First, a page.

In the beginning of December, Ruby brought home a snow shovel with a bent handle, and three mittens.
But then, Christmas Eve, Rubella Polio did something very, very bad. That dog brought home the baby Jesus statue from the Oak Avenue Presbyterian Church’s front lawn.
Ben and Doug loved that baby Jesus all morning. They wrapped him in towels and sang him “Away in a Manger” over and over. They tucked him into their old stroller and gave him a wild ride through the entire first floor, laughing so loudly that they woke up Mama from her Saturday morning sleep-in.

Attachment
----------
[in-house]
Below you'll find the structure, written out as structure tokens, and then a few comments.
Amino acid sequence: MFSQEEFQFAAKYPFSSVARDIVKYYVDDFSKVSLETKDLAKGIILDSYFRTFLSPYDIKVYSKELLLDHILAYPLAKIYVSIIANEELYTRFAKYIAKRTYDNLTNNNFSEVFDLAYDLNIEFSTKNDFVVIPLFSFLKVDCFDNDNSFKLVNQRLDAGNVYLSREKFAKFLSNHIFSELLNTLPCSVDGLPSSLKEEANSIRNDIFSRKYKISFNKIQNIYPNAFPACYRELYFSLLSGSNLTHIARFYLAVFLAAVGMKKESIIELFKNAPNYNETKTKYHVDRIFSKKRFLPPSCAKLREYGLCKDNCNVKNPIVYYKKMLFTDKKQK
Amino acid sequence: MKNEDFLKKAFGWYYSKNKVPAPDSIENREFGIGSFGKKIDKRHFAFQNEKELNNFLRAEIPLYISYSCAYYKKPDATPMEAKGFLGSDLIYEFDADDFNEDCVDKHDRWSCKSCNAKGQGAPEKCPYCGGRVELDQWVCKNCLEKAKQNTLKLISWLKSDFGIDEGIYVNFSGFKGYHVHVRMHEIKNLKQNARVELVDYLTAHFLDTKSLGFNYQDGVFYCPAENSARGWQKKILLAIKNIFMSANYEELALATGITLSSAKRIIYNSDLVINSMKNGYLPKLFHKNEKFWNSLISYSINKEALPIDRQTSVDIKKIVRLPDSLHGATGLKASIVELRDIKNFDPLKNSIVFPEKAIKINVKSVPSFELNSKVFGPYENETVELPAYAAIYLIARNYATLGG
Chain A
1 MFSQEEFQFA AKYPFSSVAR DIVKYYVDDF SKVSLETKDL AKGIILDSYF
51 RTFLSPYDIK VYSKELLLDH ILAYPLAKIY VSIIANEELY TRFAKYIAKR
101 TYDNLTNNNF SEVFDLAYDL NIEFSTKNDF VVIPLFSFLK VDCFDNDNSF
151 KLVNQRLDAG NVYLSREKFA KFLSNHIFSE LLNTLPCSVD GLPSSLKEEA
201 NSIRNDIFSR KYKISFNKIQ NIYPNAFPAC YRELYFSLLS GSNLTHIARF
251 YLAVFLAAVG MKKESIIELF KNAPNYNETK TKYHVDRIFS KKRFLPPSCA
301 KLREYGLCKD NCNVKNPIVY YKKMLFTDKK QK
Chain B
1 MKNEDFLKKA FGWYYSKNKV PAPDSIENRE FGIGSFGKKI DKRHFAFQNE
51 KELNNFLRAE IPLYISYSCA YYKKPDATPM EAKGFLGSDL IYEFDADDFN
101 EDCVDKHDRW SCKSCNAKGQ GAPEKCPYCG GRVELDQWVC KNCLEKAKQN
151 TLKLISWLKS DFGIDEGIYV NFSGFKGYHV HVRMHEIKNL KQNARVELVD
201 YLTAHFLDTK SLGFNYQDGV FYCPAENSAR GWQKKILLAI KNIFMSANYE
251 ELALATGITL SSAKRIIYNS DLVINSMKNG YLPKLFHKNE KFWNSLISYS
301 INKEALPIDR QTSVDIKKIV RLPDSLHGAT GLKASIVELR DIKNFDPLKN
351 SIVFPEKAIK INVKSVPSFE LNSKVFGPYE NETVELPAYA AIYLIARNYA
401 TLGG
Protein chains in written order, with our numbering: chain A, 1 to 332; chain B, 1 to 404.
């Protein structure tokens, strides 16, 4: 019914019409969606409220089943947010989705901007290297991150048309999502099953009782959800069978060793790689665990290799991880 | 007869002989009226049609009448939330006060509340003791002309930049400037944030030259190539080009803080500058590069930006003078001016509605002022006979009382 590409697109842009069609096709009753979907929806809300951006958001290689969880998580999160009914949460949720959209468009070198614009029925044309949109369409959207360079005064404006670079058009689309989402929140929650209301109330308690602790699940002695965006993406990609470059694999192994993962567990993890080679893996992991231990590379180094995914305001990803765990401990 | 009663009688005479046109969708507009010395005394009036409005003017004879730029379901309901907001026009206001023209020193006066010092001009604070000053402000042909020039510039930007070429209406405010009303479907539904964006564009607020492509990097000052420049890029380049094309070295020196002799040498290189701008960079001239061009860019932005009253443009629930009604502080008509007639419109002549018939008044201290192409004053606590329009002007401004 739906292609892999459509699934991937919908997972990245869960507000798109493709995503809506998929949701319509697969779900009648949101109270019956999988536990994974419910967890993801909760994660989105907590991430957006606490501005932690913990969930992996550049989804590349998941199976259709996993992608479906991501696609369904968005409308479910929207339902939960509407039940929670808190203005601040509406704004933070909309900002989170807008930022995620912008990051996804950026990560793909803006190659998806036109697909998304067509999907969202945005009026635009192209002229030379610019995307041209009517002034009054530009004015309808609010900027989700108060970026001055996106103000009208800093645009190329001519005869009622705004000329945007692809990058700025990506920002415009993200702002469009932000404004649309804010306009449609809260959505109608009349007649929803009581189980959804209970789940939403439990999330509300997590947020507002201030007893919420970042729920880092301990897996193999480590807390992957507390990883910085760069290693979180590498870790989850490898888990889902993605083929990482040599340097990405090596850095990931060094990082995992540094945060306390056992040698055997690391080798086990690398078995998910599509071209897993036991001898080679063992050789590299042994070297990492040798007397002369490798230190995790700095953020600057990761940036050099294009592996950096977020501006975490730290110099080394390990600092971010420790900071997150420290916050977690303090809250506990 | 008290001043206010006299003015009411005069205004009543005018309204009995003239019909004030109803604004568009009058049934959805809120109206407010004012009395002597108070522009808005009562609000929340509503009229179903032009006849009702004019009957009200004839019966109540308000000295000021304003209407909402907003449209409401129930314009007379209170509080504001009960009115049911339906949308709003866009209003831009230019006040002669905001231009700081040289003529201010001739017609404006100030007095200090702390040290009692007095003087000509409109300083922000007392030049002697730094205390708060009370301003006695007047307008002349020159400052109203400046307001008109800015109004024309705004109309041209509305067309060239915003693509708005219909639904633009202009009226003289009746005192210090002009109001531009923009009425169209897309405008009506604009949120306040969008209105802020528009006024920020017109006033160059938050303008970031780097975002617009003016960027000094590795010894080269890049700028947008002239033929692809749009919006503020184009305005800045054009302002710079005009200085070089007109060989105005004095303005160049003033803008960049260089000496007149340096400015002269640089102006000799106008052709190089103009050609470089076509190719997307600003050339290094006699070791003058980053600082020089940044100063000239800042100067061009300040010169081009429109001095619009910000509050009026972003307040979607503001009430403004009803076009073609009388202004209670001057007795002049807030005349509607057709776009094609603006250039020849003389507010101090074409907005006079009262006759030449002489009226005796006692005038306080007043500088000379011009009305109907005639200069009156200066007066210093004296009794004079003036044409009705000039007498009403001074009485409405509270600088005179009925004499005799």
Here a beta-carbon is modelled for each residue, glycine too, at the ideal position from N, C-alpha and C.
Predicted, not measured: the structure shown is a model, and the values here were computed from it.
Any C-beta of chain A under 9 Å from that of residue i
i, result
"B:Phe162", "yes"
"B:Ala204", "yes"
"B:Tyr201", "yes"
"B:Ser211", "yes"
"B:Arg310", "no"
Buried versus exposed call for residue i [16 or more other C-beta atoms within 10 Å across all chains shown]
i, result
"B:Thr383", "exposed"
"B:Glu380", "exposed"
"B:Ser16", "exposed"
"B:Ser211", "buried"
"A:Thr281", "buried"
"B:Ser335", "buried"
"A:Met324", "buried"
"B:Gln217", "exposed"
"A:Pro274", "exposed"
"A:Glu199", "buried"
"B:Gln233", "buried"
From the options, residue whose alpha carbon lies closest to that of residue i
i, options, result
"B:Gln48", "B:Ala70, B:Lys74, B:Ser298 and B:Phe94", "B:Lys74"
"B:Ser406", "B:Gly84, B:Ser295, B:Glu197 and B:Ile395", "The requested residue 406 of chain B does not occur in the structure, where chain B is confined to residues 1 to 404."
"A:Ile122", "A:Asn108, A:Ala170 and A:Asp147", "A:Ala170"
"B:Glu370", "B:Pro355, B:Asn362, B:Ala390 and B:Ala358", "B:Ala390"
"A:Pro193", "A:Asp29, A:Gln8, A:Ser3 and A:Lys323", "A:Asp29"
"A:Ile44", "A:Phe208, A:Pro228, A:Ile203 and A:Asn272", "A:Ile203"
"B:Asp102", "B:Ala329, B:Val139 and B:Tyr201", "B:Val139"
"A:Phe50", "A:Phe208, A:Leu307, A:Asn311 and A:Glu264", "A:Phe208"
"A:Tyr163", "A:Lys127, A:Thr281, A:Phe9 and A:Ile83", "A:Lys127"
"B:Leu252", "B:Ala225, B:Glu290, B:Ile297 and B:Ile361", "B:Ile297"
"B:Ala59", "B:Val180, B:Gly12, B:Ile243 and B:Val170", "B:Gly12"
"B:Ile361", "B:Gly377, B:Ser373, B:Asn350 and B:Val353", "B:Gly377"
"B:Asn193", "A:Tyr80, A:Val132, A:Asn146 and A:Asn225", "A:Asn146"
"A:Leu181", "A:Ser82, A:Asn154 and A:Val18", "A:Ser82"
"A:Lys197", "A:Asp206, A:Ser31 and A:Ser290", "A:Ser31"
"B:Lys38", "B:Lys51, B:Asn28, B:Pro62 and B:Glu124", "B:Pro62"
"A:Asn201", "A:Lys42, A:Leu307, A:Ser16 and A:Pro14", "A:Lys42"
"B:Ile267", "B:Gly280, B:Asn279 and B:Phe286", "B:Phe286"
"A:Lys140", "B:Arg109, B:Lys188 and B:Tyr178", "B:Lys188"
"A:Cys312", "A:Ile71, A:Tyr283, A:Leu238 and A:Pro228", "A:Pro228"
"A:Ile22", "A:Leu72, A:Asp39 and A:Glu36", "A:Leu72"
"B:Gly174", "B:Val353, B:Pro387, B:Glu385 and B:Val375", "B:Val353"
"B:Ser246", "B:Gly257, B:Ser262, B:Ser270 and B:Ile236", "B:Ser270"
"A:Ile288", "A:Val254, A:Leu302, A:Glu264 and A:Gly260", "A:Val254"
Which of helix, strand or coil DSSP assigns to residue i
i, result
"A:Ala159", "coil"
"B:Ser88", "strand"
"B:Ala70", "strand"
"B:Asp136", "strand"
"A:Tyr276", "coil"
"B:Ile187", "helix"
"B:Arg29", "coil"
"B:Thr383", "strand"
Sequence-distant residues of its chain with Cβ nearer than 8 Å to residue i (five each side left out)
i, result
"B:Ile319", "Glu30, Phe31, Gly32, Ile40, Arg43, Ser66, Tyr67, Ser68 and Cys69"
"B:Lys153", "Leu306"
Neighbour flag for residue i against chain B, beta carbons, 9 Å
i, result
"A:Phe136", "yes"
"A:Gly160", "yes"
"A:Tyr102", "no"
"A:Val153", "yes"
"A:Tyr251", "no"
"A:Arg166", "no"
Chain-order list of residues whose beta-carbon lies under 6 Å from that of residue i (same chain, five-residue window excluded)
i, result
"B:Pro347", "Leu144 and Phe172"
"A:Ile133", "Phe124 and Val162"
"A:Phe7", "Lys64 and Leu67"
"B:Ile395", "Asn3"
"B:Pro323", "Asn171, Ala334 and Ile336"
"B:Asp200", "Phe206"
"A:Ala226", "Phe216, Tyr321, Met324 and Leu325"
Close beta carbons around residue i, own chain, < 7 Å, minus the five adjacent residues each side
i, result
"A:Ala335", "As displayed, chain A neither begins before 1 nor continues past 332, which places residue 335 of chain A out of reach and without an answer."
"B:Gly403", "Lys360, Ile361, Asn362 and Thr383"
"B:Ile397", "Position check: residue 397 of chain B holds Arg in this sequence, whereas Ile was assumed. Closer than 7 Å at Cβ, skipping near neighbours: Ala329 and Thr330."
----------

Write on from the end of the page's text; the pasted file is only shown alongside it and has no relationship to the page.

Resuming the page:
When Mama saw baby Jesus, she knew right away where he’d come from. Her face went whiter than milk and then redder than ketchup. She scolded Ruby and sent her slinking out the door and onto the snow-covered porch. And then Mama went and put on the dress I’d ironed hoping she would take us to the Christmas Eve service.
“Mind your brothers and sister,” she told me as she buttoned her green wool coat and clutched baby Jesus to her chest.
When she came back an hour later, Mama looked different somehow.
That afternoon, we strung popcorn and cranberries, and Mama got the musty plastic Christmas tree down from the attic. The twins sang “Deck the Halls” and messed up the words so badly that Mama couldn’t stop laughing.
Tucked in my bed that night, I heard Mama open the front door, followed by the click of Ruby’s toenails on the wood floors. Not long after, I smelled the heavenly scent of Mama’s Christmas-only, orange-cinnamon rolls baking—the ones she was too sad to bake last year.